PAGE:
By Dr. Maria Simbra

PITTSBURGH (KDKA)- The every day household disinfecting wipes are easy to grab and easy to use. But, does wiping really disinfect?

Researchers in the United Kingdom tested how well a single disinfecting wipe worked at killing three types of troublesome bacteria along three consecutive stainless steel surfaces. They wiped, then checked cultures.

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“The initial wipe will probably get rid of the most bacteria on that surface, but if you wipe someplace else, you’re actually spreading the bacteria from the one surface to the other,” says Dermatologist Dr. Brian Horvath.

In their experiment, to prevent this spread, they found one wipe should be used in one small area only.

“One wipe can be used in a meter-squared area, which is about the width of your arms when you put them out in front of yourself,” Dr. Horvath says.

So, how does this compare to how wipes are actually used at home?

“They’re definitely covering a lot of area with one wipe,” says St. Clair Hospital Infection Preventionist Laura Morris.

“You probably have to use two, or maybe three even, wipes to clean something like the entire size of a kitchen island,” Dr. Horvath says. “If you had an uneven surface that had a lot of tile or grooving, you’d have to use even more wipes. I like it when they change the wipe.”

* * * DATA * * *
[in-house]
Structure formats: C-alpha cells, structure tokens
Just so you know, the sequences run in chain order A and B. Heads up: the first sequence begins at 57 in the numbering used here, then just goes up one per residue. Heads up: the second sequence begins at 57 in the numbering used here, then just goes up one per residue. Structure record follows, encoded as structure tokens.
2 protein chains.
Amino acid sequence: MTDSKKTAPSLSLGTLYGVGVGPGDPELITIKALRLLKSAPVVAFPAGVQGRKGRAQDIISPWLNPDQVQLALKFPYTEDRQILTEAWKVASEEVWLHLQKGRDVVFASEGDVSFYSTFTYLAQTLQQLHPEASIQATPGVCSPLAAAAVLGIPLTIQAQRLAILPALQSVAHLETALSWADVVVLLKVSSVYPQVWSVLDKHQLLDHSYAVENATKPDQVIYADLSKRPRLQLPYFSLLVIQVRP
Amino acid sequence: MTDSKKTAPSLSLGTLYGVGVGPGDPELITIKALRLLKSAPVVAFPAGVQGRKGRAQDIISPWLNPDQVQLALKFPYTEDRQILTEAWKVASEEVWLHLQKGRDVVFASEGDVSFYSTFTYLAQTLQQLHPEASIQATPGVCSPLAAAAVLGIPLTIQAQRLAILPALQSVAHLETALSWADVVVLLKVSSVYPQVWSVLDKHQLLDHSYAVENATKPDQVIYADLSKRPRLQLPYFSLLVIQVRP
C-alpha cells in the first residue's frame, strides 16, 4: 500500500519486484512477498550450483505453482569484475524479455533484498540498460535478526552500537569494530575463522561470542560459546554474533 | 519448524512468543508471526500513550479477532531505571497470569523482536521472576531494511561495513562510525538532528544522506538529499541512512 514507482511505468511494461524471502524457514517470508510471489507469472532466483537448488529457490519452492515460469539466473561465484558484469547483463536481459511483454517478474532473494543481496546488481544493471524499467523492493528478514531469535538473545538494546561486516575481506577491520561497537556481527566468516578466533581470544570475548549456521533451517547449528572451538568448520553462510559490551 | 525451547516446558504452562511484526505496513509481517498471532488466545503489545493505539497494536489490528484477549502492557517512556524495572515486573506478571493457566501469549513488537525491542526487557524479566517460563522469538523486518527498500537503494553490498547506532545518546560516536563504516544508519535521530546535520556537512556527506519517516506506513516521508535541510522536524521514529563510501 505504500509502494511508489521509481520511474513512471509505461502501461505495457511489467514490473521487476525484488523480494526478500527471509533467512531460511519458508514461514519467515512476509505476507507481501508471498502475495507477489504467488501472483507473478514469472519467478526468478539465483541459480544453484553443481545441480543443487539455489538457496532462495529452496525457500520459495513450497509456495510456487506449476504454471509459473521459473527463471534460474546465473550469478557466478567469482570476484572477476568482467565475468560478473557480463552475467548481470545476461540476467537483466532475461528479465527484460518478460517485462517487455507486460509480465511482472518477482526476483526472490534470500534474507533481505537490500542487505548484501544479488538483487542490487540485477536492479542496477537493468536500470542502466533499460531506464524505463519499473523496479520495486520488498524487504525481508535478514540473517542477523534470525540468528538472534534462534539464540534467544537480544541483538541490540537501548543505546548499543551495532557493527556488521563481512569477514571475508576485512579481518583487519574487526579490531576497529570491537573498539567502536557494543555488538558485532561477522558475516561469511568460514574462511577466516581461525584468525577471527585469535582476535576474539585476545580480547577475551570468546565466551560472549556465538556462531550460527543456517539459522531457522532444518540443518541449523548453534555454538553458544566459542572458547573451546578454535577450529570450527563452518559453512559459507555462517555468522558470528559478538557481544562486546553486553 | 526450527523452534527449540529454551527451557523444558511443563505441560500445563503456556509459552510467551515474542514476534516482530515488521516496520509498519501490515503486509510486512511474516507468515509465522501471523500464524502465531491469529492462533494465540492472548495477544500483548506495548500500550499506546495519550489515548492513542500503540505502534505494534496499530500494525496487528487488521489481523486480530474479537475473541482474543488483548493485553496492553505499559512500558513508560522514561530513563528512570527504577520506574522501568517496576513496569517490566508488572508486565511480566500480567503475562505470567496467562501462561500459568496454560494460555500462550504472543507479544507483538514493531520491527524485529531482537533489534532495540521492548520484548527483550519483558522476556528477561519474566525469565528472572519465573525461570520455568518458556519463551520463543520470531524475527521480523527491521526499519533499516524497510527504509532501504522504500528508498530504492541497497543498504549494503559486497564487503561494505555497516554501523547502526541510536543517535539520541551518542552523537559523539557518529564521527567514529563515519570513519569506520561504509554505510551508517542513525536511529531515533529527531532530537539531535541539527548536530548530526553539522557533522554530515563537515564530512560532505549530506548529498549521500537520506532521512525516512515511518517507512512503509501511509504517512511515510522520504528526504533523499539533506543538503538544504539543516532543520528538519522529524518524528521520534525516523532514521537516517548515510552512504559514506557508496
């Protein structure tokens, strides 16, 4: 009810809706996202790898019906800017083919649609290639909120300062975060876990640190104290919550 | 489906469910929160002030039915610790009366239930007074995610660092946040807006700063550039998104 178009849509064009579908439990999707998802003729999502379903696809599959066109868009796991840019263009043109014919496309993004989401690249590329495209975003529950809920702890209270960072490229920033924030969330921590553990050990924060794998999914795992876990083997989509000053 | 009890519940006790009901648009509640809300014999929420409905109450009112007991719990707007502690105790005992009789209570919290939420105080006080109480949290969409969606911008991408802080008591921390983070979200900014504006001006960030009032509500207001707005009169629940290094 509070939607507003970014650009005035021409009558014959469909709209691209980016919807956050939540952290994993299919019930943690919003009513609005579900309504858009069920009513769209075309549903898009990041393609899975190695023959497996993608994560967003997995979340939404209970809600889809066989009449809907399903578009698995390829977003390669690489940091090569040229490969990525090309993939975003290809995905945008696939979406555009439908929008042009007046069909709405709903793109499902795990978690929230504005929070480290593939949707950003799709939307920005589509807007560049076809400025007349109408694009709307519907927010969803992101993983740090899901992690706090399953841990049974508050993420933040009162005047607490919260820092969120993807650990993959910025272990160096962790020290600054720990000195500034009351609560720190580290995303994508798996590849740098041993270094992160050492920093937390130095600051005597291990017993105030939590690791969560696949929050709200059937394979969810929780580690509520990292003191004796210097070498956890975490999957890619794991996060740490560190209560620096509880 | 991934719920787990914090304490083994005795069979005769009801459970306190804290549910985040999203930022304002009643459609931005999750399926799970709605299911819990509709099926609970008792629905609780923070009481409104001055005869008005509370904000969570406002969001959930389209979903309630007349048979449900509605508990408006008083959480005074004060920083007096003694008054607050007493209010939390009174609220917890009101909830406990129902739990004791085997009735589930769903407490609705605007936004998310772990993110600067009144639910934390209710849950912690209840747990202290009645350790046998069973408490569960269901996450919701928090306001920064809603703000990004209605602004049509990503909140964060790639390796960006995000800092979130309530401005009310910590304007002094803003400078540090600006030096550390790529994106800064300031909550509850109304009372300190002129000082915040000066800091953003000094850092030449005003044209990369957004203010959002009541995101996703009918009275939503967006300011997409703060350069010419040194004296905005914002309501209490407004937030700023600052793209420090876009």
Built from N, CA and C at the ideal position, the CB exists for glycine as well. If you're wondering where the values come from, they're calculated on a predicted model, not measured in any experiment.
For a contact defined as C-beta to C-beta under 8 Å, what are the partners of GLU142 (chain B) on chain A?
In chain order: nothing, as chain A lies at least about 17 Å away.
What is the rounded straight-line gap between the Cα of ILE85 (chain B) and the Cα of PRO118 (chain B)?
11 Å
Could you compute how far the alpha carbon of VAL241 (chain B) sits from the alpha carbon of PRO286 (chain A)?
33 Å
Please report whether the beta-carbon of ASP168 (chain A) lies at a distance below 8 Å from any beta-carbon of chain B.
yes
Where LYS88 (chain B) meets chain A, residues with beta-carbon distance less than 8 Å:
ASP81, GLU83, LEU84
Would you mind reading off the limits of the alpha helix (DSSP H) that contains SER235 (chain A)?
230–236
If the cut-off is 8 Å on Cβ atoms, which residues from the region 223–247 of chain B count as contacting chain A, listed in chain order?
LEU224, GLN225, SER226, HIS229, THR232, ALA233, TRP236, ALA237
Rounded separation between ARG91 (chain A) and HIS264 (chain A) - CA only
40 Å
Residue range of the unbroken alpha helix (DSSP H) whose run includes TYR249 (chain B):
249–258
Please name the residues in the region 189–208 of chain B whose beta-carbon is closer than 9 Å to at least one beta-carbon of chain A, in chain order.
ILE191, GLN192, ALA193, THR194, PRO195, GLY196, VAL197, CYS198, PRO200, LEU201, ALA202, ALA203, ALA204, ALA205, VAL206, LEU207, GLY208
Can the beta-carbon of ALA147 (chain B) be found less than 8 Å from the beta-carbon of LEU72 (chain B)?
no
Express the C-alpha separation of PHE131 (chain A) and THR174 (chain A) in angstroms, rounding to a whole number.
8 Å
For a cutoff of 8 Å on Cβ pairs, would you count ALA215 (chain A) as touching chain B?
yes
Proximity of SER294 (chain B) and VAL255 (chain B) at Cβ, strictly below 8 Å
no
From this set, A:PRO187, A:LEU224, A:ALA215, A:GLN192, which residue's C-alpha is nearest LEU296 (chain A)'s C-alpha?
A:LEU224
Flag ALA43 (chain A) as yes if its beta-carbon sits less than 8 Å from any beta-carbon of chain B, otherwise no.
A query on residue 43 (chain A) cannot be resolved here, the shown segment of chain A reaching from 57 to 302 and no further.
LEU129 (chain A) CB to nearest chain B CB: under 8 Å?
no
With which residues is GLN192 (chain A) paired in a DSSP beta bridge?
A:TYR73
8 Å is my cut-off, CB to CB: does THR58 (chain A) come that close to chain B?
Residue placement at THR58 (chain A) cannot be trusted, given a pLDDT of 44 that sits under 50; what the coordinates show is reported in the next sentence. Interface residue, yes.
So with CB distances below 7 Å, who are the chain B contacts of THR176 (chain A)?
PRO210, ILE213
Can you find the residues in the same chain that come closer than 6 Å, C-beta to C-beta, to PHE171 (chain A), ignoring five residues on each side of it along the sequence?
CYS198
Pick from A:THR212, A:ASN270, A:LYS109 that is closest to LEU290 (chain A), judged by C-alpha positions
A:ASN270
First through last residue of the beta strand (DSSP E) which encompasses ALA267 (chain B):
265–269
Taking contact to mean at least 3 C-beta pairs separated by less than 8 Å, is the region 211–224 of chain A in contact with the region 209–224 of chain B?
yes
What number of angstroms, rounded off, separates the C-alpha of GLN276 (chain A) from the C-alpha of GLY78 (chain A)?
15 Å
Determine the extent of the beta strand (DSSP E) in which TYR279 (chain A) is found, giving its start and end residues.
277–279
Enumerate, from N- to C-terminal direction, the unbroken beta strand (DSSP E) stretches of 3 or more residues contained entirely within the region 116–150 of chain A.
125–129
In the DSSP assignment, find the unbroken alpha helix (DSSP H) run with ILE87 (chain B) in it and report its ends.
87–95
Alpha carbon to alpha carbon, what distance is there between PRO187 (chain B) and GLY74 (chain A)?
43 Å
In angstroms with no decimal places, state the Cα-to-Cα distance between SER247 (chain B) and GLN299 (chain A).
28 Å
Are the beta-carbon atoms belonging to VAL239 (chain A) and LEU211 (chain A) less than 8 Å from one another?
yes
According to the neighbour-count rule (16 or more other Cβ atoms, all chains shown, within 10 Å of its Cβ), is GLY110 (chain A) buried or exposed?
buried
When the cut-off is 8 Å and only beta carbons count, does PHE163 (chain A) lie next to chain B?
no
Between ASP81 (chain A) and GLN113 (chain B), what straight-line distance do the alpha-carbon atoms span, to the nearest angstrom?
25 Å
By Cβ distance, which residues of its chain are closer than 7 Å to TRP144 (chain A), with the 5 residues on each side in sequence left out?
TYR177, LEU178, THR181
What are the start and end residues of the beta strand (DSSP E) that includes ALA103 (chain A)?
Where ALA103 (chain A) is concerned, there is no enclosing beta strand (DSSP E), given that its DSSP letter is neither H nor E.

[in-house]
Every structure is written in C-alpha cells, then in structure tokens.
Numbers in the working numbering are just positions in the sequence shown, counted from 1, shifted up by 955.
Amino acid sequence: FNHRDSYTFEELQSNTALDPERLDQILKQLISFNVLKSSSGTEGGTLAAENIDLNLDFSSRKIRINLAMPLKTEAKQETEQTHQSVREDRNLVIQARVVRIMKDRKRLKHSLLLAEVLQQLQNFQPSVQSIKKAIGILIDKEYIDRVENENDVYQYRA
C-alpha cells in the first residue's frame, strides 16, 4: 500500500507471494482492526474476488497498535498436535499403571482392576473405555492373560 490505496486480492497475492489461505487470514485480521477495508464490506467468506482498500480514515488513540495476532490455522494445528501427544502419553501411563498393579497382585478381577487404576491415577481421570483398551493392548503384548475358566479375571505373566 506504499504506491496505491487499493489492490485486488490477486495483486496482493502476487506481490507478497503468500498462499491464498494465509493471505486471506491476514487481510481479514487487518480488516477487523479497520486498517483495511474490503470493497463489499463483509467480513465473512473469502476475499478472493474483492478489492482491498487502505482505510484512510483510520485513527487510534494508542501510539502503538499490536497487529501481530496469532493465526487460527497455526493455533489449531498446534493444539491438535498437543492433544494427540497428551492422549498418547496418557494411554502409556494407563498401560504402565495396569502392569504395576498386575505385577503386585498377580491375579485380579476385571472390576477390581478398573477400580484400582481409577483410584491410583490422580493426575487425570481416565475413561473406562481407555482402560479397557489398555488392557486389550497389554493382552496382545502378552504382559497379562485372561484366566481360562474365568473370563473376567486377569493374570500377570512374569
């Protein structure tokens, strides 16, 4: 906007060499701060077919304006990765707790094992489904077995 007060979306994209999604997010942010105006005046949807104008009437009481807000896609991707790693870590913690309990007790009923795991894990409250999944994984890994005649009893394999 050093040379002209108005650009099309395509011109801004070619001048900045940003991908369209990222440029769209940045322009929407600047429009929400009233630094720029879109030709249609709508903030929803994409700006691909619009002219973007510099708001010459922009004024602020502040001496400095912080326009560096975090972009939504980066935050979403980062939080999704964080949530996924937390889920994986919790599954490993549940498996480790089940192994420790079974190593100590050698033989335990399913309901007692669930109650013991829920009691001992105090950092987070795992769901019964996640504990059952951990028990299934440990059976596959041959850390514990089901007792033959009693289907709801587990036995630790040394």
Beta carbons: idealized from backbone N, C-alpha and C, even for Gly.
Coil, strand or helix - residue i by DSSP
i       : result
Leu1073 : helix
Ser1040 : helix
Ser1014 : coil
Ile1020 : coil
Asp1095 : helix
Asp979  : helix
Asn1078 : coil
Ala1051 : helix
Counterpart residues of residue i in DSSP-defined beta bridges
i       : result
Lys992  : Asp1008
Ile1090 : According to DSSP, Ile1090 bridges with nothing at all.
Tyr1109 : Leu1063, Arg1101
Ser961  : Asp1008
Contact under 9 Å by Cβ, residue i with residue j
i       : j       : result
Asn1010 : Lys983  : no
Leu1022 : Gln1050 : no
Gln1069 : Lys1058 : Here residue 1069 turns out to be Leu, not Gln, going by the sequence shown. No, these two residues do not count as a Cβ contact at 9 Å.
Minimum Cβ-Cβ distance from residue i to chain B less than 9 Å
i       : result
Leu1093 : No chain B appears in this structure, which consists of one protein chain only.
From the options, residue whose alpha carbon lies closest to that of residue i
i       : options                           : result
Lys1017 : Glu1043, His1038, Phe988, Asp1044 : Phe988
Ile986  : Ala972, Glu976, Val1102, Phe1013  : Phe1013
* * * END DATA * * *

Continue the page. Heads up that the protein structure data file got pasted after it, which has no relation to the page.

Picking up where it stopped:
“If the area were heavily contaminated, that they might be spreading organisms over a large area like that,” Morris says. “We want to use more than one wipe, and use a wipe so that you’re getting the surface wet, and we always want that to air dry.”

At St. Clair Hospital, they use hospital grade wipes, and swabs with a special meter to detect an enzyme called ATP (adenosine triphosphate), found in living cells, such as bacteria, fungi and plants.

“The ATP meter detects any organic matter that might be on the surface,” Morris says.

They use this tool to monitor how well rooms are cleaned after each patient.

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“They’re looking for a level of lower than 250 on the meter,” Morris says.

To try to find a similar pattern as in the UK study, KDKA-TV’s Dr. Maria Simbra gave the meter a try. First, she wiped a table down clean to an acceptable reading of 159.

Then, raw chicken drippings were added and she used a single wipe along the entire table.

At the starting end, there was a reading of a whopping 7,482. But, even along the middle, and at the far end, the readings were lower, but still high at 3,950.

So, what can hospital practices teach about using wipes at home?

“You wouldn’t want to use the same wipe on various items, where you’d be spreading the organisms,” says Morris.

Using a foam that mimics bacteria, how they could be spread with a wipe shows up well under black light.

“If you use a wipe in a small area, then discard it immediately, you probably are helping to get rid of bacteria in that area and not spreading it,” says Dr. Horvath.

When you use wipes at home, follow the recommendations on the packaging.

One more thing to keep in mind, even if germs end up getting spread along a surface, that doesn’t necessarily mean people are getting sick from them. That is the more important outcome than any reading on a meter.

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Dr. Maria Simbra